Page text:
Federal Reserve

Ex-Obama advisor sees sooner Fed rate hike

Is Fed 'behind the curve' on inflation?

The Federal Reserve appears to be ready to increase interest rates sooner than many economists were expecting, said Alan Krueger, former chairman of President Barack Obama's Council of Economic Advisers. But he insisted on CNBC Wednesday that the central bank is not yet behind the curve based on recent economic and jobs data.

Krueger dropped a bomb into the monetary policy debate, with the release of a controversial paper back in March, which asserted that the long-term unemployed are likely lost to the labor force. His theory is that the supply of available workers may be smaller than it appears, and wage pressures are likely to develop more quickly.

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Jeff Rosenberg, chief investment strategist for fixed income at BlackRock, pointed out that Krueger's work "is critical to the debate that we're having in the markets."

But unlike Krueger, Rosenberg told CNBC Wednesday that he believes the Fed is "behind the curve" on interest rates are relative to the progress of the economic recovery, and markets are on edge about it.

Unemployment among 'prime age' men a mystery: Krueger

"I have been following the long-term unemployed for a long time," Krueger said in a "Squawk Box" interview. "What I found is the longer they're unemployed, the more discouraged they become." He added, "That's what we've seen in past recoveries too. It's just that we've got a lot more long-term employed now."

But Fed Chair Janet Yellen has argued the opposite, when it comes to long-term unemployment. out last month from the central bank stated the problem should normalize toward pre-recession levels as the recovery continues.

The minutes from the Fed's two-day policy-making meeting last month are scheduled for release Wednesday afternoon. While that gathering took place before last week's stronger employment report, investors will be looking for any hints on whether central bankers were starting to consider a path toward raising interest rates.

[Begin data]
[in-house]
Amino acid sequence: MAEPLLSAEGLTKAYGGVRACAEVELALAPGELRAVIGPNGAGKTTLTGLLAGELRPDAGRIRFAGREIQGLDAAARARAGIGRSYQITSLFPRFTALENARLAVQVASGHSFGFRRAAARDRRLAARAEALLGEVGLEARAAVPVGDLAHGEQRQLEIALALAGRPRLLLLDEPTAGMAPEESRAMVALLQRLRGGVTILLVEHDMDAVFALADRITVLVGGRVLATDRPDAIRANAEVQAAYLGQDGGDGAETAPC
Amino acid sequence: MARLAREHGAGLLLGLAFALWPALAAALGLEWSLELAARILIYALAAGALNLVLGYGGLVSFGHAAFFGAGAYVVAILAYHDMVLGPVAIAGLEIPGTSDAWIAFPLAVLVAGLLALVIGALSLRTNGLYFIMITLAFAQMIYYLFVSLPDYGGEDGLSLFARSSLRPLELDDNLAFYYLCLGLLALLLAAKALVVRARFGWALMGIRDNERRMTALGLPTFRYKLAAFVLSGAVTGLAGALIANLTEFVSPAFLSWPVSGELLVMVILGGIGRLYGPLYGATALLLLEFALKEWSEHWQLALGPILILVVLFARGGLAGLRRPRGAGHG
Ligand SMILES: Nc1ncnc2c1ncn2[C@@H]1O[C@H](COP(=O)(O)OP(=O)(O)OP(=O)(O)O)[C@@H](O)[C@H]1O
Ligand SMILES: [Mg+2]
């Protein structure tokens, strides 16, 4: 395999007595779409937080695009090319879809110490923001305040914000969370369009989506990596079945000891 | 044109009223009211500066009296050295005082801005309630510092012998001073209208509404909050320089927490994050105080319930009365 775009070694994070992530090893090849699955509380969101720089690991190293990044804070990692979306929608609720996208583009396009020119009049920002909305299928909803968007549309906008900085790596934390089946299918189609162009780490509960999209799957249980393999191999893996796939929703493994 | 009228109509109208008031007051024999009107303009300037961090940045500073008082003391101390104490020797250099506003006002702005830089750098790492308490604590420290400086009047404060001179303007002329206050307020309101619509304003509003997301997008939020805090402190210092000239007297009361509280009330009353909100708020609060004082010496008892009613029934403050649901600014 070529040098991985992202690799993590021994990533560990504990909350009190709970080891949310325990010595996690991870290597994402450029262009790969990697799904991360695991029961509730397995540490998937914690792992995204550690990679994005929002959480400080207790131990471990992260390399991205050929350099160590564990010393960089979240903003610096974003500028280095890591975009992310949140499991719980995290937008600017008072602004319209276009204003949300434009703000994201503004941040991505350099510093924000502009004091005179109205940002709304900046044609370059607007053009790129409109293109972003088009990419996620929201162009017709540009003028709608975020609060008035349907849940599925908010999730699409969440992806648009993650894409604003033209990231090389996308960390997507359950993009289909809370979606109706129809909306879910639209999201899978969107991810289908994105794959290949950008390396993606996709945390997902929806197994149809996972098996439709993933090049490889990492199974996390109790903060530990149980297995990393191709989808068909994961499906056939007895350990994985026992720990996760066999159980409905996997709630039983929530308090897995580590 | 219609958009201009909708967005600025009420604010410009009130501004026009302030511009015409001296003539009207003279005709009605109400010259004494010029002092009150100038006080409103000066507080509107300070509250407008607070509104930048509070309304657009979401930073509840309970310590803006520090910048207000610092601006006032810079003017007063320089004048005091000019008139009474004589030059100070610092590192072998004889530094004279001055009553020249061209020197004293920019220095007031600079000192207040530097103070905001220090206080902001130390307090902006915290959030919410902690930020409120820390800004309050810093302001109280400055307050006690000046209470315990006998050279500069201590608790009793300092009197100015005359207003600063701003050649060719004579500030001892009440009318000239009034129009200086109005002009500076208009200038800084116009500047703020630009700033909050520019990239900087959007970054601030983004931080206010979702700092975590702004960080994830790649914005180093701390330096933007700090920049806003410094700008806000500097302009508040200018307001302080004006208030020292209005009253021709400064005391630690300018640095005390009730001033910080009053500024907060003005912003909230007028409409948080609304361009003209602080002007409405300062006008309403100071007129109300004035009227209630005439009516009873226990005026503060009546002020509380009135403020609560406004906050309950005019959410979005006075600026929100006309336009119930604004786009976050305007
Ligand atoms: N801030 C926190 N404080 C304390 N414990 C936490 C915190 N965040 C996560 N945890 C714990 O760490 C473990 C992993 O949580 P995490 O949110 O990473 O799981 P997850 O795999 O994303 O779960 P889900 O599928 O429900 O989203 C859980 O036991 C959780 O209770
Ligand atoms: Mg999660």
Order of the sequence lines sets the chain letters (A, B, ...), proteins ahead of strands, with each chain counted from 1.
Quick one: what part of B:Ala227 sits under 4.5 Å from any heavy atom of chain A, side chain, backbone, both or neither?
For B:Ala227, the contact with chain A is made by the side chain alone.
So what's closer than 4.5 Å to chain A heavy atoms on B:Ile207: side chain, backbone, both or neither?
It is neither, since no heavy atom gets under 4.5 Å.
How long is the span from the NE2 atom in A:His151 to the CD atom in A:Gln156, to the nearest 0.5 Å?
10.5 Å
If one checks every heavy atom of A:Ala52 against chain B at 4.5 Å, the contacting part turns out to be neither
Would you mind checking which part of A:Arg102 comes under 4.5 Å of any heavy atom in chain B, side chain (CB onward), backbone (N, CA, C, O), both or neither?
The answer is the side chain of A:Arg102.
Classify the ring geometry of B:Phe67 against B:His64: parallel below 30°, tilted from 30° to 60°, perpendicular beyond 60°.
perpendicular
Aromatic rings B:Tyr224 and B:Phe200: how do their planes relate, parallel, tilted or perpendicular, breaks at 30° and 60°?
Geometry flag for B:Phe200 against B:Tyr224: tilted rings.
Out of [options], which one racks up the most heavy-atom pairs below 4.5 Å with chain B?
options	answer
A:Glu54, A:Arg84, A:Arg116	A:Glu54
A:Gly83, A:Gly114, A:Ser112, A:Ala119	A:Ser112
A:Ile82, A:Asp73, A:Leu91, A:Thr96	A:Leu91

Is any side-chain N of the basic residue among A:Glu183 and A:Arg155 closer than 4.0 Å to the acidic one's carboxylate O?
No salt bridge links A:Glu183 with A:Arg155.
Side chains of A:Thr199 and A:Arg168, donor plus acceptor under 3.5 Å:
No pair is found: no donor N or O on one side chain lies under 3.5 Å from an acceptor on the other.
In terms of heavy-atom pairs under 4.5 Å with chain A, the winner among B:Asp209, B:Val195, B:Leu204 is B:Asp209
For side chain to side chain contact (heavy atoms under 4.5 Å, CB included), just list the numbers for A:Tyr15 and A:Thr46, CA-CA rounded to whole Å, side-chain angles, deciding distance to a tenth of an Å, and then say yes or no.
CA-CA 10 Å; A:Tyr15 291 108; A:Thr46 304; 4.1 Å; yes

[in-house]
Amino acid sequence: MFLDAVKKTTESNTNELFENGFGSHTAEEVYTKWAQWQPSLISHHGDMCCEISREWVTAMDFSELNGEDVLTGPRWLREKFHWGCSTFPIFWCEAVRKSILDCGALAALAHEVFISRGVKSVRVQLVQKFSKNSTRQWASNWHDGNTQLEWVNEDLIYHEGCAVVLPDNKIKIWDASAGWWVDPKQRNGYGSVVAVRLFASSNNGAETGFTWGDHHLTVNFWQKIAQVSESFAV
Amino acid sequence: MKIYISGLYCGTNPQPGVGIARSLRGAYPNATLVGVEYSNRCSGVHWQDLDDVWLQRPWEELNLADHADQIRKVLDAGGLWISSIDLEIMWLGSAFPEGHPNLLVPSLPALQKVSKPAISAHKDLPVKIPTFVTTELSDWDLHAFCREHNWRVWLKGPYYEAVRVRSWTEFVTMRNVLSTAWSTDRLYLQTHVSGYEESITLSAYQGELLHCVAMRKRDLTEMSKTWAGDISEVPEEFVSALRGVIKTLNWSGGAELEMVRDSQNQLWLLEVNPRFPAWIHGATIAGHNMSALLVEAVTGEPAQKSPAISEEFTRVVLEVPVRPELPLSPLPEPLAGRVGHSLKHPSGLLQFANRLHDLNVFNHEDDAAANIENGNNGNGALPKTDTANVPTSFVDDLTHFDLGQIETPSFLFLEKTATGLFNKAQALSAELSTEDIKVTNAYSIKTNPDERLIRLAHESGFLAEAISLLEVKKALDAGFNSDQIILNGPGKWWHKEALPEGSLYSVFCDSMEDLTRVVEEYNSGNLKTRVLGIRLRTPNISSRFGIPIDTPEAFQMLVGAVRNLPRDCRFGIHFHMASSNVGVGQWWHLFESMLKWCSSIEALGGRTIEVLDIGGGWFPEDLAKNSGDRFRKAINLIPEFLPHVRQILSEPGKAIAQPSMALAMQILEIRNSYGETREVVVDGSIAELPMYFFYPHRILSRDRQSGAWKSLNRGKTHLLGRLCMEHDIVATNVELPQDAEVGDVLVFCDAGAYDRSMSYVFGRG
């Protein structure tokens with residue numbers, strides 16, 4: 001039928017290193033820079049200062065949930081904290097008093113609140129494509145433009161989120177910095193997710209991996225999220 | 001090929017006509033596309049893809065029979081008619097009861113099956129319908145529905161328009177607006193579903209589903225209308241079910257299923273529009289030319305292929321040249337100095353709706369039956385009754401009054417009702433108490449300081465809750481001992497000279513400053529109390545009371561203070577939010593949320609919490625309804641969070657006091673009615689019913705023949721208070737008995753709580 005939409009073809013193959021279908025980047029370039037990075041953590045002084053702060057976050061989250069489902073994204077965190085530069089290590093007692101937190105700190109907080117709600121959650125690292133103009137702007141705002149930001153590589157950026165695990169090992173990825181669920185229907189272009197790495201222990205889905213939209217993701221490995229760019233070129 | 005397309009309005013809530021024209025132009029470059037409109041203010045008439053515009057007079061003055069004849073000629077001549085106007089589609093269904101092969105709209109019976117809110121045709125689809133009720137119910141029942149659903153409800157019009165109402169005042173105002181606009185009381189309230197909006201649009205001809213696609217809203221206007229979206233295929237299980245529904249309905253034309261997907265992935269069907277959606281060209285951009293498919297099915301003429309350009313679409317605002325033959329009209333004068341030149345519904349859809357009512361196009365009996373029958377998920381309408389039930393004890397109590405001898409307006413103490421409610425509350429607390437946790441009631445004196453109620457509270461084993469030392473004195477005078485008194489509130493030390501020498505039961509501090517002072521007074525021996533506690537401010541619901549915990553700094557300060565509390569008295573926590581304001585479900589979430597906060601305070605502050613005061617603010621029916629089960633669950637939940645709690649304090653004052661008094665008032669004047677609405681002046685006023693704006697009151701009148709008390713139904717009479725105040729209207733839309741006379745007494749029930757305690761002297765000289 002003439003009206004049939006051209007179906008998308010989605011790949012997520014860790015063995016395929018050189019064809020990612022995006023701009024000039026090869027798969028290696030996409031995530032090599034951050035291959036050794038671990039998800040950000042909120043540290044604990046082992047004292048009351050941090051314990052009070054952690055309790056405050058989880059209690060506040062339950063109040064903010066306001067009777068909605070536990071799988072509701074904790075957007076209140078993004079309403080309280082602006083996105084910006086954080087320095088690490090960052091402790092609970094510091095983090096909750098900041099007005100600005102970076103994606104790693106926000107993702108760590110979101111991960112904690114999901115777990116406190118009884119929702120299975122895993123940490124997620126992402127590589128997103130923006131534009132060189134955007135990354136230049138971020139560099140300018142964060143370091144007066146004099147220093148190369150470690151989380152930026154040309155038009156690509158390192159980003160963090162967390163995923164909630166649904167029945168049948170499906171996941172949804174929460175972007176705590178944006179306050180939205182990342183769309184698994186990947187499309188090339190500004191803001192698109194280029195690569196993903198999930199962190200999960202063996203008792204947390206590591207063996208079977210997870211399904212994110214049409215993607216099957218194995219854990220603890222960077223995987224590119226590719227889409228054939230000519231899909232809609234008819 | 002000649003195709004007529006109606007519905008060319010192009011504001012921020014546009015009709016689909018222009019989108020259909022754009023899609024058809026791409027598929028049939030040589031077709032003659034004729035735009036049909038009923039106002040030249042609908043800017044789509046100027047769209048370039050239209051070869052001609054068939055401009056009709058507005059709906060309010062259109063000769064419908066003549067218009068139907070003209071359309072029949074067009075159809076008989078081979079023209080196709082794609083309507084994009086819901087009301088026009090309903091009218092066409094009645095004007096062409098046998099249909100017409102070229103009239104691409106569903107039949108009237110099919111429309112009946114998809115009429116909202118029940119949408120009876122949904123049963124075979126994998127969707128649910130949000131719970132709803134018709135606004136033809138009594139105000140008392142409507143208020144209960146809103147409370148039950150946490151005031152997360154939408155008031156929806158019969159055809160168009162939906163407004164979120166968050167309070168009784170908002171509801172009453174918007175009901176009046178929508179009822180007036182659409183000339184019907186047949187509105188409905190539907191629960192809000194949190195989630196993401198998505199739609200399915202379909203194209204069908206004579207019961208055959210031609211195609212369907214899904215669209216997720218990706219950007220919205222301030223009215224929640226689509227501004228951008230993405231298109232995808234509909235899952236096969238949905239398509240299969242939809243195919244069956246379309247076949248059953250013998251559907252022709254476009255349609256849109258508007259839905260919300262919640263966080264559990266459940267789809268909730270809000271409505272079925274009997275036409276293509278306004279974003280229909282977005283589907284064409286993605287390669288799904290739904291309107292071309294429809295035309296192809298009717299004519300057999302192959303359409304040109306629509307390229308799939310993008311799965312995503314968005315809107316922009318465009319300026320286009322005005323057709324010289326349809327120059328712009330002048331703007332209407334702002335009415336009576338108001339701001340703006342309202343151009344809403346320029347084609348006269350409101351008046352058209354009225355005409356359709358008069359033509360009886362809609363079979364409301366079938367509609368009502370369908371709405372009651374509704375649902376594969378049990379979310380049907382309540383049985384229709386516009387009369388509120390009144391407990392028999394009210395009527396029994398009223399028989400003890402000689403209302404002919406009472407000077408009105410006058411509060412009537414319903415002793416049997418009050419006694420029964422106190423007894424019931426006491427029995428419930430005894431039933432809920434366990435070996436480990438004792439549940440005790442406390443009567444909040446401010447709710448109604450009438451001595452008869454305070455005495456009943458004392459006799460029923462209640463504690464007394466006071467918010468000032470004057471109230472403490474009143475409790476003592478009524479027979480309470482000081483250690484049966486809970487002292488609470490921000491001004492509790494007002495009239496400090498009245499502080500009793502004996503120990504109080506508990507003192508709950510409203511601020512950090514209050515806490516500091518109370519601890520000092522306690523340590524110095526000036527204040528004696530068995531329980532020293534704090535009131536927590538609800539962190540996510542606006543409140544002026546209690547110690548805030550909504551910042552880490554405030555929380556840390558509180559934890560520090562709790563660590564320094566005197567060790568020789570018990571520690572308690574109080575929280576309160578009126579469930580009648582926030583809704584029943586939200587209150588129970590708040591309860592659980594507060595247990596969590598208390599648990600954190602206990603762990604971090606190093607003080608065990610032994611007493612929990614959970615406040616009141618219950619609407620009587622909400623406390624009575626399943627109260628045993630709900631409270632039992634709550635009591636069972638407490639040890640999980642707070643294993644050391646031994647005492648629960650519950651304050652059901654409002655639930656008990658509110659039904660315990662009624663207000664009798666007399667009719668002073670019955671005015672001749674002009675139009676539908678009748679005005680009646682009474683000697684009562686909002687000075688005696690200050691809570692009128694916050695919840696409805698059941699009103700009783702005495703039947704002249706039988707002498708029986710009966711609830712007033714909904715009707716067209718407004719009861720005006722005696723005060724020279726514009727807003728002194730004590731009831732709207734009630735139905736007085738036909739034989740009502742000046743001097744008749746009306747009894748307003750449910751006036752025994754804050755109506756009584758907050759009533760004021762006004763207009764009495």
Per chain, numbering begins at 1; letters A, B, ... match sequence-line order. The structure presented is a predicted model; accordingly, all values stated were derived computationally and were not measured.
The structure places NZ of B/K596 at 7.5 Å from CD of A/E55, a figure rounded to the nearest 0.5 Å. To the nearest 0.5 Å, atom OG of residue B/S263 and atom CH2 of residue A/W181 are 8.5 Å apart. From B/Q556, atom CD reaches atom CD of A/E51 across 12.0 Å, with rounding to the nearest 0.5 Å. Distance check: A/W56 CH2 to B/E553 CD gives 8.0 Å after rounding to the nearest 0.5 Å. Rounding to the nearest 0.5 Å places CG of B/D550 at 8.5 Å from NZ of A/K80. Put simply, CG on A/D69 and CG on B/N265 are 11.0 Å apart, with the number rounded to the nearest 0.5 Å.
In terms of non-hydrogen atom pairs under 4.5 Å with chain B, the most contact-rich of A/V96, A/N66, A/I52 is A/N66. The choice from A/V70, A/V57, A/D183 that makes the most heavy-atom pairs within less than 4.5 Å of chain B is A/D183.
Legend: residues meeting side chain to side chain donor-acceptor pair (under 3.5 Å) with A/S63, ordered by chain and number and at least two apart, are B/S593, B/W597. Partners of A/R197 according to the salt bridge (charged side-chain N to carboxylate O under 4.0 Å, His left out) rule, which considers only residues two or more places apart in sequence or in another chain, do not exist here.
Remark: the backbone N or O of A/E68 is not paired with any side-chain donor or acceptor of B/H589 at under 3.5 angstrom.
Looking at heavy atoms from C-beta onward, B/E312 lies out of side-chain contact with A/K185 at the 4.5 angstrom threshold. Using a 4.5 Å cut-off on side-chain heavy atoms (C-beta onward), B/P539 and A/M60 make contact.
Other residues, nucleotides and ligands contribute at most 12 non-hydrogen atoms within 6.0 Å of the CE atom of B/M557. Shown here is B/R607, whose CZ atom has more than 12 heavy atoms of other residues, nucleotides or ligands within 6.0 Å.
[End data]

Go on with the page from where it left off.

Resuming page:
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Rosenberg thinks the Fed should start increasing rates in early 2015, but acknowledges the consensus sees it more likely at the end of next year or early 2016.

"The bond market after June's FOMC meeting and the statement … [was] very convinced that it's going to be low for longer," he explained to "Squawk Box."

But he warned that could be changing: "There's a very low hurdle for that surprise because bond market yields are so low in the front end of the curve. So yes, I do think the market is going to be surprised."

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As to whether so-called bond vigilantes will get tired of waiting for the Fed, Rosenberg said, "The bond markets can't overreact because they are waiting for a signal from the Fed."

"The issue," he continued, "is will you ever get a signal from the Fed. That's what people are concerned about in the [June] minutes. I don't think you'll see it this time around. But in July, it'll be more interesting."

—By CNBC's Matthew J. Belvedere. Reuters contributed to this report.